Permaculture in Practice

Nate Downey's views on saving the world as expressed in his published work

Thursday, March 10, 2005

Passive solar design works well in Santa Fe (April 2000)

With our cold winter nights and typically sunny skies, Northern New Mexico has long been a hotbed for passive solar construction. The ancient Anazazi built cave dwellings in south-facing cliffs that soaked up the sun's heat all day and released it at night. Later Pueblo cultures situated their adobe villages to maximize solar gain, and Spanish settlers constructed important buildings in solanas, or "sunny areas".
In the late 1970s Ed Mazria and other local architects demonstrated the great potential of passive solar technology to a nation stressed by the effects of an energy crisis. Although the industry did have its ups and downs during the ensuing years, the country's largest municipal passive solar building, the new Genoveva Chavez Community Center, designed by Mazria & Associates, is now open in Santa Fe.
Passive solar architecture applies appropriate site selection and solar orientation in combination with thermal mass, insulation and ventilation to control indoor temperatures. Potential home builders who wish to decrease their dependence on utility companies should consider applying such techniques. Owning a solar home is also an asset when it comes time to sell.
There is not enough space here to delve into the details of solar architecture and there are many excellent books on the subject. People in the market to buy property should be aware that choosing an appropriate site to build a structure can be just as important as designing the structure properly.
If your entire property is on a north-facing slope or is shaded during the winter by hills or tall evergreen trees, even the world's best solar architect would face an improbable task. In general the best sites are slopes that face south, because the sun's path is lower in the sky during the winter. Structures built on such slopes will collect more solar radiation than structures built on flat land.
In addition, south-facing slopes are usually more protected from cold, north winds than are horizontal properties. Of course, if the piece of property that you do choose is relatively flat, the effects of north winds can be reduced by windbreaks, earth berms and appropriate building materials that increase thermal mass and the "R" (insulation) value of a building.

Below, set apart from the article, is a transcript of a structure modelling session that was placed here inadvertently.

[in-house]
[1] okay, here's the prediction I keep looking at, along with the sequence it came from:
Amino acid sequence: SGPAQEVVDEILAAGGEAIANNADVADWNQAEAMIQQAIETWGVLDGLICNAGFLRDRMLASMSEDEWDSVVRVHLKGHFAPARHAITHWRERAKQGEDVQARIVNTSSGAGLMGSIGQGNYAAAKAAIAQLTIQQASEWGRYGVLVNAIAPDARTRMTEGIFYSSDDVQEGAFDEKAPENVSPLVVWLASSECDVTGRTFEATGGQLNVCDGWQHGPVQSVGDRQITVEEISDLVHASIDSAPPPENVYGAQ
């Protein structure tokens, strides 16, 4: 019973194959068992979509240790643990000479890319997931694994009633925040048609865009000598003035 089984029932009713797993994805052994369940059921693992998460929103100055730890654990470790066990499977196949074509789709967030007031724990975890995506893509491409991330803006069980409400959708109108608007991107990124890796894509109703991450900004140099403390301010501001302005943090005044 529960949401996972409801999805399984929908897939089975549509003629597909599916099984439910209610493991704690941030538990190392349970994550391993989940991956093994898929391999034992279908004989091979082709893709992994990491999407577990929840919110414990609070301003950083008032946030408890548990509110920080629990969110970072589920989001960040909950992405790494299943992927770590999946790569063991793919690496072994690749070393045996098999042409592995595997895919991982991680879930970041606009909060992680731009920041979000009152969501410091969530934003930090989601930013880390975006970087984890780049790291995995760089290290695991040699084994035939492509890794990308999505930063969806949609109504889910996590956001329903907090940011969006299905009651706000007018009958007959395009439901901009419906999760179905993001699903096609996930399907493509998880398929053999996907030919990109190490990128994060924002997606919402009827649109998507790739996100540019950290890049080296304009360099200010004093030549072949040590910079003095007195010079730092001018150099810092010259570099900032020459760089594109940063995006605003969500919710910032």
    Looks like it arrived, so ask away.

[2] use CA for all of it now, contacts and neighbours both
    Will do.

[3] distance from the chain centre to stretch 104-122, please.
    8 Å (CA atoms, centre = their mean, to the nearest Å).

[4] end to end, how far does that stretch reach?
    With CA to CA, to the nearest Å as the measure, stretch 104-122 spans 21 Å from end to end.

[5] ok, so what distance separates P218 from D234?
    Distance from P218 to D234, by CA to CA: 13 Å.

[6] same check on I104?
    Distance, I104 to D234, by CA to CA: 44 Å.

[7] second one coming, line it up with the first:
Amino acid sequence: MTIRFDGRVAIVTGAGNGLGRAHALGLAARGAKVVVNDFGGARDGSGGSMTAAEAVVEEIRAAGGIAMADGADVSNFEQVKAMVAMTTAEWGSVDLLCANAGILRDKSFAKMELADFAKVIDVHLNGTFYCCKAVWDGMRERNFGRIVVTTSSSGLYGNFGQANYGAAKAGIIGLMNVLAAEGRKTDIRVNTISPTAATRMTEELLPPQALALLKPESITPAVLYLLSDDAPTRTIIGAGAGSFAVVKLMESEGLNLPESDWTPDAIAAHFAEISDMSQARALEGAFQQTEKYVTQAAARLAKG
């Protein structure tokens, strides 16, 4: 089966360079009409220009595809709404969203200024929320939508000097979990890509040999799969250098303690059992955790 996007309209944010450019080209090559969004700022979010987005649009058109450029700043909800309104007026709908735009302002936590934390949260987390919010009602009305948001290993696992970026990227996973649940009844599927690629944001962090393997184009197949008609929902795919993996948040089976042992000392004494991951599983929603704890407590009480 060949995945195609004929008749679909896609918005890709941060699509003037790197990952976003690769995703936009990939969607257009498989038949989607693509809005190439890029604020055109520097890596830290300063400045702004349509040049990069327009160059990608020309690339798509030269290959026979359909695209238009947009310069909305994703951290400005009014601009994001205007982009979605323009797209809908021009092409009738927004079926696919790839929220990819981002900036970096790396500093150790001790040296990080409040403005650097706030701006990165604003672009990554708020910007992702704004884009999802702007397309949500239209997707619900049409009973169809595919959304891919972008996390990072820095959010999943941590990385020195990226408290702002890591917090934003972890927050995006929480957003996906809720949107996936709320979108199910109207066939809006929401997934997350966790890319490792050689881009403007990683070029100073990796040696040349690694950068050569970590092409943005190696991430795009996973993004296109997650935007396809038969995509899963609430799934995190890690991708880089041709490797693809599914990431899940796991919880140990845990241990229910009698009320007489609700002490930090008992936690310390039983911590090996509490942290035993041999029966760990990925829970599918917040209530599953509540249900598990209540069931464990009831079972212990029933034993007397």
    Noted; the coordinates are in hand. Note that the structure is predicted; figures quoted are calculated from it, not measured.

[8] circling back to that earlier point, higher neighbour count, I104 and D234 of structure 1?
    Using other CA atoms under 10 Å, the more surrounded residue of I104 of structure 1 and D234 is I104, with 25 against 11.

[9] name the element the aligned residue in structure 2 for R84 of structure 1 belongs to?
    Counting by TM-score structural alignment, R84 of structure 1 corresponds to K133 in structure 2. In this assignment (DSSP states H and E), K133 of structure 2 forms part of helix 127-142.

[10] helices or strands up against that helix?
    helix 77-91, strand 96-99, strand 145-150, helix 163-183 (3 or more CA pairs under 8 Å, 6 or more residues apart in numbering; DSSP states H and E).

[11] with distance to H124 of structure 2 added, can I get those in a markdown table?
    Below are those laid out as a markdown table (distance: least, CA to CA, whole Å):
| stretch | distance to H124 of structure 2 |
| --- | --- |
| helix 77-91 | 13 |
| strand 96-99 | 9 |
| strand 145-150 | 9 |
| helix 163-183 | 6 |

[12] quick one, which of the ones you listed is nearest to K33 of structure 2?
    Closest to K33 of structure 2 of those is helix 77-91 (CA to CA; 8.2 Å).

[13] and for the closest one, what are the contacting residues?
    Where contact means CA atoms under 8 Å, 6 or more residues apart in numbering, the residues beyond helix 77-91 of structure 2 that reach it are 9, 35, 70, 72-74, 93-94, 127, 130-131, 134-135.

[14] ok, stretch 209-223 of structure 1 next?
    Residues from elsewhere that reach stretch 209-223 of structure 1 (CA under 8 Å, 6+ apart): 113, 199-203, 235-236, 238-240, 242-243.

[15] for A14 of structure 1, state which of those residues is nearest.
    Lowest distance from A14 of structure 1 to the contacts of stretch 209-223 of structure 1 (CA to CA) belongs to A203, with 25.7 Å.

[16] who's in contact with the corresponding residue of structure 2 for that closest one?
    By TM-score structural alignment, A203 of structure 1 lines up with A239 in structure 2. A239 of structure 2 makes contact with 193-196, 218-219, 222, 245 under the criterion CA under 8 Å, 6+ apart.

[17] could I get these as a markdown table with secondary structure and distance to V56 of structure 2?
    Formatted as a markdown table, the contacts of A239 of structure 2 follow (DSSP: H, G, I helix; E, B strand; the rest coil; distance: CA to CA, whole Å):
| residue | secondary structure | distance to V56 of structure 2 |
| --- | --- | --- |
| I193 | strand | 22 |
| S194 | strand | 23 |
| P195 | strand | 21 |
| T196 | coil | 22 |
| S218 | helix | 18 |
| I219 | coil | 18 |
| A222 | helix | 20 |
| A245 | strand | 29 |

Looking for property with a south-facing slope also makes sense, because of a phenomenon known as the "thermal belt." The thermal belt is that section of a slope that is neither close to the top nor close to the bottom of a hill. Colder local temperatures are found both at the tops of slopes (where less heat radiates from the earth's mass and wind-chill effects are greater) and at the bottom of slopes (because heat rises). What is left is the warmest part of the slope, that nearest its mid-section.
It is also important to understand that slopes facing the southwest are less suitable for passive solar structures than slopes facing southeast. One reason for this is that the hot western sun will often make indoor temperatures uncomfortably warm, even in the winter, not to mention summer. Another reason is that, after a building releases its heat at night, an eastern exposure will tend to quickly warm up a building. Southwestern facing slopes can still be used as long as fast growing deciduous trees are planted on the west side of the building site and windows are eliminated or kept to a minimum on west side walls.

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